REEDLEY, Calif. — After back-to-back years of stone fruit volume approaching 60 million cartons and bargain basement f.o.b.s, a forecast of 16% fewer cartons in 2009 had California grower-shippers anticipating higher prices.

For the most part, they are still waiting.

The cost of growing, harvesting and packing a carton of peaches is about $13, grower-shippers said. For most of the season, f.o.b.s for San Joaquin Valley peaches have hovered in the $10-12 range.

“It’s been said if we have a 40 million to 45 million box crop, it’s a slam dunk,” said Sheri Mierau, president of the  California Tree Fruit Agreement. “Well, we’re there, and it’s not a slam dunk.”

Those prices are not due to overproduction. The tree fruit agreement’s preseason forecast for all stone fruit was 49.5 million cartons, down from the 58.9 million carton bumper crop of 2008. As the season has progressed, the forecast has been modified downward to 46.9 million cartons, and the industry may not achieve that volume.

Peaches, both white-flesh and yellow-flesh varieties, are now expected to produce 20.5 million cartons, down 13.8% from last year’s volume of 23.8 million cartons.

The U.S. Department of Agriculture Aug. 10 reported prices of $11.10-12.10 for yellow-flesh 34-36s, 40-42s $12.10, and 48-50s $10.10-11.10.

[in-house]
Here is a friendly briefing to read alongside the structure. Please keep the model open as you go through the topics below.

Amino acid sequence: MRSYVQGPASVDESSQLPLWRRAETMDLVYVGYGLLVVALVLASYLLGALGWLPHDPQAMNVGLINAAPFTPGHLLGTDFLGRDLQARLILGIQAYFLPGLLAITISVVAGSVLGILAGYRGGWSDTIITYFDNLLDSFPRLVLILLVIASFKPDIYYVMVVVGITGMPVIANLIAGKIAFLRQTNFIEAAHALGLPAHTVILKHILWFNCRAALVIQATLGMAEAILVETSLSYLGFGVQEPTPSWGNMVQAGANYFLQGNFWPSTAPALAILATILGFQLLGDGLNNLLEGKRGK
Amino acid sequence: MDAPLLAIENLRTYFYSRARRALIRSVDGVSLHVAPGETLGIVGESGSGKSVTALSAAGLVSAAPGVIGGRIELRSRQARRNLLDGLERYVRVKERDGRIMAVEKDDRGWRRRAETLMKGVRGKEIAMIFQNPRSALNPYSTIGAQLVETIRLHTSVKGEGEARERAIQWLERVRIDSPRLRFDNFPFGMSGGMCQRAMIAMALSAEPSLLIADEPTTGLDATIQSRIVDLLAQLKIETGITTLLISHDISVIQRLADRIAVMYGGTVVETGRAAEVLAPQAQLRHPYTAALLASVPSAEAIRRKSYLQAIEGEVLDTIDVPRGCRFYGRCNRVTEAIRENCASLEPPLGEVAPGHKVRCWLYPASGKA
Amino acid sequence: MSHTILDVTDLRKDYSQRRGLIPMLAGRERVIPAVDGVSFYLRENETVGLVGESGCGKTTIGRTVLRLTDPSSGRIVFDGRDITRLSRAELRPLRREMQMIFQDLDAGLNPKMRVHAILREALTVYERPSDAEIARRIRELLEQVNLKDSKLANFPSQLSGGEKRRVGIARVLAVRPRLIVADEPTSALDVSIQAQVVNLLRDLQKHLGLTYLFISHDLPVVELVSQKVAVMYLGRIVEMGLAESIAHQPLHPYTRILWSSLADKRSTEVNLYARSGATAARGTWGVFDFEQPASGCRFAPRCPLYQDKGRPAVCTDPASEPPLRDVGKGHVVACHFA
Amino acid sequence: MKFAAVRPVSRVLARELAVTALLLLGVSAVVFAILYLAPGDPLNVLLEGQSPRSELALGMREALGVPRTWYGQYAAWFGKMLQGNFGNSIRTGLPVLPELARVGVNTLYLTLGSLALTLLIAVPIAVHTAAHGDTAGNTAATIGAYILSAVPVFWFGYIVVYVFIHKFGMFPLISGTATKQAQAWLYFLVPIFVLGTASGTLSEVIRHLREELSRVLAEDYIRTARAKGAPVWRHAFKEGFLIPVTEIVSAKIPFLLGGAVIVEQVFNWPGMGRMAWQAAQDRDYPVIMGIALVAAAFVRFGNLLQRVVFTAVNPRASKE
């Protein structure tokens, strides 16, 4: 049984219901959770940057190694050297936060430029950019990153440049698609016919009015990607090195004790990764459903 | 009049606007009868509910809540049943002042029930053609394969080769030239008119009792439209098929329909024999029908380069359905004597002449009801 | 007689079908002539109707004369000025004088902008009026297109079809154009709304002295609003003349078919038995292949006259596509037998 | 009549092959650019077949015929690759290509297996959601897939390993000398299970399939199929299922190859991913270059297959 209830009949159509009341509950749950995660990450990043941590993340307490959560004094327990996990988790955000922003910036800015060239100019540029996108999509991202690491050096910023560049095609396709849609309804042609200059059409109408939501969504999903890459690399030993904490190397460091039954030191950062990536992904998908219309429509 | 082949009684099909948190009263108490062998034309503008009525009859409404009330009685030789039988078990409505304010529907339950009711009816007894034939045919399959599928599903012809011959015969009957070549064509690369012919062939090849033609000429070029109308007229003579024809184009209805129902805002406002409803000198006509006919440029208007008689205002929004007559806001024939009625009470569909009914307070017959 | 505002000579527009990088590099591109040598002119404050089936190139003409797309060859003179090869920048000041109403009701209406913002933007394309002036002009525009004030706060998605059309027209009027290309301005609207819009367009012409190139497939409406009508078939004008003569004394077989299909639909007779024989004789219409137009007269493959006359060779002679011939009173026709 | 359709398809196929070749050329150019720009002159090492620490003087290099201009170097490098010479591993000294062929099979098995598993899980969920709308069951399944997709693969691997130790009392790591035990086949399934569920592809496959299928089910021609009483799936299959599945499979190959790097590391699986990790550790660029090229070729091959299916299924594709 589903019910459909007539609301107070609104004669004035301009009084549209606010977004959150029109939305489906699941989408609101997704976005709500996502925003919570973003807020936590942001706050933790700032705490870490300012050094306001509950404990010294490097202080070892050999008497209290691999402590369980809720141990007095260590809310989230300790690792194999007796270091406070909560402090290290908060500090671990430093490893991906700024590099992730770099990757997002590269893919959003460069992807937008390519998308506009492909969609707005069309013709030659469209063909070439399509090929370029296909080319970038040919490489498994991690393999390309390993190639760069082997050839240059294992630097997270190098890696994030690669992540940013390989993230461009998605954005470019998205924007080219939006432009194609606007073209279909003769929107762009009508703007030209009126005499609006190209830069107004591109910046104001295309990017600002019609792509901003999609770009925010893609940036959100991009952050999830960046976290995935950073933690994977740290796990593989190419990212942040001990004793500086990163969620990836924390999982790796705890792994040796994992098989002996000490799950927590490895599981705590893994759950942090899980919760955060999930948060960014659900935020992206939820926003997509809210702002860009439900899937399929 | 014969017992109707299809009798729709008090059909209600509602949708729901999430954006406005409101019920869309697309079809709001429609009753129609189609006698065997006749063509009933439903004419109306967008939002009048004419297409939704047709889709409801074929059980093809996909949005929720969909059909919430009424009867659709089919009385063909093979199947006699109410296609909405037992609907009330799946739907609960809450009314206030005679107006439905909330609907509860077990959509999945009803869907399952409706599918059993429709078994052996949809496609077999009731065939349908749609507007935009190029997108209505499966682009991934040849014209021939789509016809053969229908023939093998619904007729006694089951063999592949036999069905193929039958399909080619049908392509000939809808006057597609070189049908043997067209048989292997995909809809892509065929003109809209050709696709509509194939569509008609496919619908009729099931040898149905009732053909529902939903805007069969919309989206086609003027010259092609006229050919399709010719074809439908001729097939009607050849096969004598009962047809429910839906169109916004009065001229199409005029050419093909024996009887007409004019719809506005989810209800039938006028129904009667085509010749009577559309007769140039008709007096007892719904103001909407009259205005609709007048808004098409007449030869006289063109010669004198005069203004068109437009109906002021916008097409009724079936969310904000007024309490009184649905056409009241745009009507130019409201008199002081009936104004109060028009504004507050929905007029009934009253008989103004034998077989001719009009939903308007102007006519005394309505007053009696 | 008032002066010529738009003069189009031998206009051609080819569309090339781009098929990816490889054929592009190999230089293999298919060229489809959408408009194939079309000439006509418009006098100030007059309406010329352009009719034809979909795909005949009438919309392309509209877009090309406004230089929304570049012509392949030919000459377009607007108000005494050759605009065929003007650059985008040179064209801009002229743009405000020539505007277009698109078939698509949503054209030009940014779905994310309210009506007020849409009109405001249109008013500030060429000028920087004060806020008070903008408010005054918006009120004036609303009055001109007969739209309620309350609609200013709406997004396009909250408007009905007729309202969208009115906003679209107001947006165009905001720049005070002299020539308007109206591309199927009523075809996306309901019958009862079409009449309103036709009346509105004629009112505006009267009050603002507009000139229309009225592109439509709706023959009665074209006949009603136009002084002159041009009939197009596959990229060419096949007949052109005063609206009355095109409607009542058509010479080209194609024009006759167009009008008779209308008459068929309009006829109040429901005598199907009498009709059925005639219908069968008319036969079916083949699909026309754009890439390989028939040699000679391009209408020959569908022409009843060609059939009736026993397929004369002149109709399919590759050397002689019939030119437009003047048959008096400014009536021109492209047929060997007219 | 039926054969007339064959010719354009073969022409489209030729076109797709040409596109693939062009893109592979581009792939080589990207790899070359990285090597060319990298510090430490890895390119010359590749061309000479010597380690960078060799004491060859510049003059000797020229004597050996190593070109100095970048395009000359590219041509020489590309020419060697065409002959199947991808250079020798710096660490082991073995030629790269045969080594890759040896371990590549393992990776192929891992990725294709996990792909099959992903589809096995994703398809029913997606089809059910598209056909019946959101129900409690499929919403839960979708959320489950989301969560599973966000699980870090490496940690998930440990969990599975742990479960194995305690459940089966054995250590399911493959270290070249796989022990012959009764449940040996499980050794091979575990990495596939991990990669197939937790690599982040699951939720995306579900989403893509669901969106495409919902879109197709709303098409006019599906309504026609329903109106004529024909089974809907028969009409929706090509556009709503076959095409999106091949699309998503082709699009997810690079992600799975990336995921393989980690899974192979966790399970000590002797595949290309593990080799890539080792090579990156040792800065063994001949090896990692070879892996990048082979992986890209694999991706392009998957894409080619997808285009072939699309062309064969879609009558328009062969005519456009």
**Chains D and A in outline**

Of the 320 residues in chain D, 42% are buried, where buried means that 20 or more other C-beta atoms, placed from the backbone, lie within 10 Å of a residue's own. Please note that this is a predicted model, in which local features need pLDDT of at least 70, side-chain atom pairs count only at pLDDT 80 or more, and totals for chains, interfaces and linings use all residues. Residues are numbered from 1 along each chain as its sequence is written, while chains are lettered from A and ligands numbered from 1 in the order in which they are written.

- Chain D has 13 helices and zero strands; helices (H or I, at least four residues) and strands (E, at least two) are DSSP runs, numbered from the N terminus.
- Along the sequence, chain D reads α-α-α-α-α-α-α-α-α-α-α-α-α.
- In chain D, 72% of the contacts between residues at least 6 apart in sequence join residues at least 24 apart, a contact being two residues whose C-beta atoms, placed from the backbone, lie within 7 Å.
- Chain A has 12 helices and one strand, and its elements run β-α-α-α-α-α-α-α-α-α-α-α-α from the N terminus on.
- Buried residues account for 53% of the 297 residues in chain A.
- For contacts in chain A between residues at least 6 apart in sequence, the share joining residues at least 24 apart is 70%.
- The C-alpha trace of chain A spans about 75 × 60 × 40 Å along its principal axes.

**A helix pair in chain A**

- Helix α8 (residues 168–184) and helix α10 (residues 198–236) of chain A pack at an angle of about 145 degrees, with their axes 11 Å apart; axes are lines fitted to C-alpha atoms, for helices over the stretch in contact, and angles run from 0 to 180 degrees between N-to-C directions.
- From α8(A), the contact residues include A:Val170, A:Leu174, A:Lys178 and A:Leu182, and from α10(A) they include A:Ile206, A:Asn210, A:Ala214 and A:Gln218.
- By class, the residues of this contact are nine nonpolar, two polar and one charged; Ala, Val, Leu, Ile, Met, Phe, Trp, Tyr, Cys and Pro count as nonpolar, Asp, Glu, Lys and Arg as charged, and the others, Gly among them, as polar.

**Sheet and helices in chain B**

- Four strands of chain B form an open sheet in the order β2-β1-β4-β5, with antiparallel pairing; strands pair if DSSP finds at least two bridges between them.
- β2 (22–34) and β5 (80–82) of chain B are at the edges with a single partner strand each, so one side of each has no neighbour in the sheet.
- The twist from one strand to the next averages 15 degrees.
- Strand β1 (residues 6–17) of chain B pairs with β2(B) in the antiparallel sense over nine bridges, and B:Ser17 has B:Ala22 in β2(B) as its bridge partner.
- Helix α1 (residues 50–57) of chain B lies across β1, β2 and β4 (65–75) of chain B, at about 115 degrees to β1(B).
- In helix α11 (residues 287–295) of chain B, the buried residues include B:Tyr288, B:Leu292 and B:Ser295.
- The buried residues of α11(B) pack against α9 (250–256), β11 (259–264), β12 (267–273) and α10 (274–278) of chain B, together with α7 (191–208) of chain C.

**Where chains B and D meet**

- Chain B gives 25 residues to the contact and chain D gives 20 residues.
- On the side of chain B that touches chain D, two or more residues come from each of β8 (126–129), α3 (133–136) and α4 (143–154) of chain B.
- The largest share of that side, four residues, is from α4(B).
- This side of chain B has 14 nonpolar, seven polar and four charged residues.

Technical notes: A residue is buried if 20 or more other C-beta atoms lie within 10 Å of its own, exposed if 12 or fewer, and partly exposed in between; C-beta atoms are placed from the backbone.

By comparison, year-ago prices for California peaches found cartons of yellow-flesh varieties 34-36s at $9-11, with 40-42s fetching $9-10 and 48-50s at $8-9.

Some white-flesh varieties were slightly higher: Cartons of 35-36s went for $10-12, while prices for 40-42s were $9-10 and 48-50s were fetching $8-9.

Despite the smaller volume, late season varieties of peaches will provide plenty of opportunity for retail promotions, grower-shippers said, and taste and quality are excellent.

Brandt Farms will be shipping peaches into October, said Wayne Brandt, president. The fall peaches should be representative of all of the company’s 2009 stone fruit crops, he said.

“We’ve had nothing but compliments this year on the flavor and eating quality of our fruit,” Brandt said.

Last chance and autumn flames are the varieties available in September and into October from the Kingsburg packing operation of The Oppenheimer Group, Vancouver, British Columbia, said Marc Serpa, West Coast grape and stone fruit category manager.

For Gerawan Farming, Sanger, the late season peach spotlight falls on the company’s proprietary Gattie peach. Harvesting of the Gattie peaches should start in late August, said George Papangellin, sales manager. Supplies of the Gatties, packed under the company’s Prima label, will be available into November, he said.

The premium fall peaches, both white-flesh and yellow-flesh, from Trinity Fruit Sales Co., Fresno, will be shipped in cartons carrying FlavorZone stickers, said John Hein, salesman.

California peach industry seeks stronger pricing


While the company’s preconditioned Ripeway line continues, fruit with the FlavorZone labels represents third party auditing of more than a dozen parameters designed to determine the very best-tasting fruit, Hein said.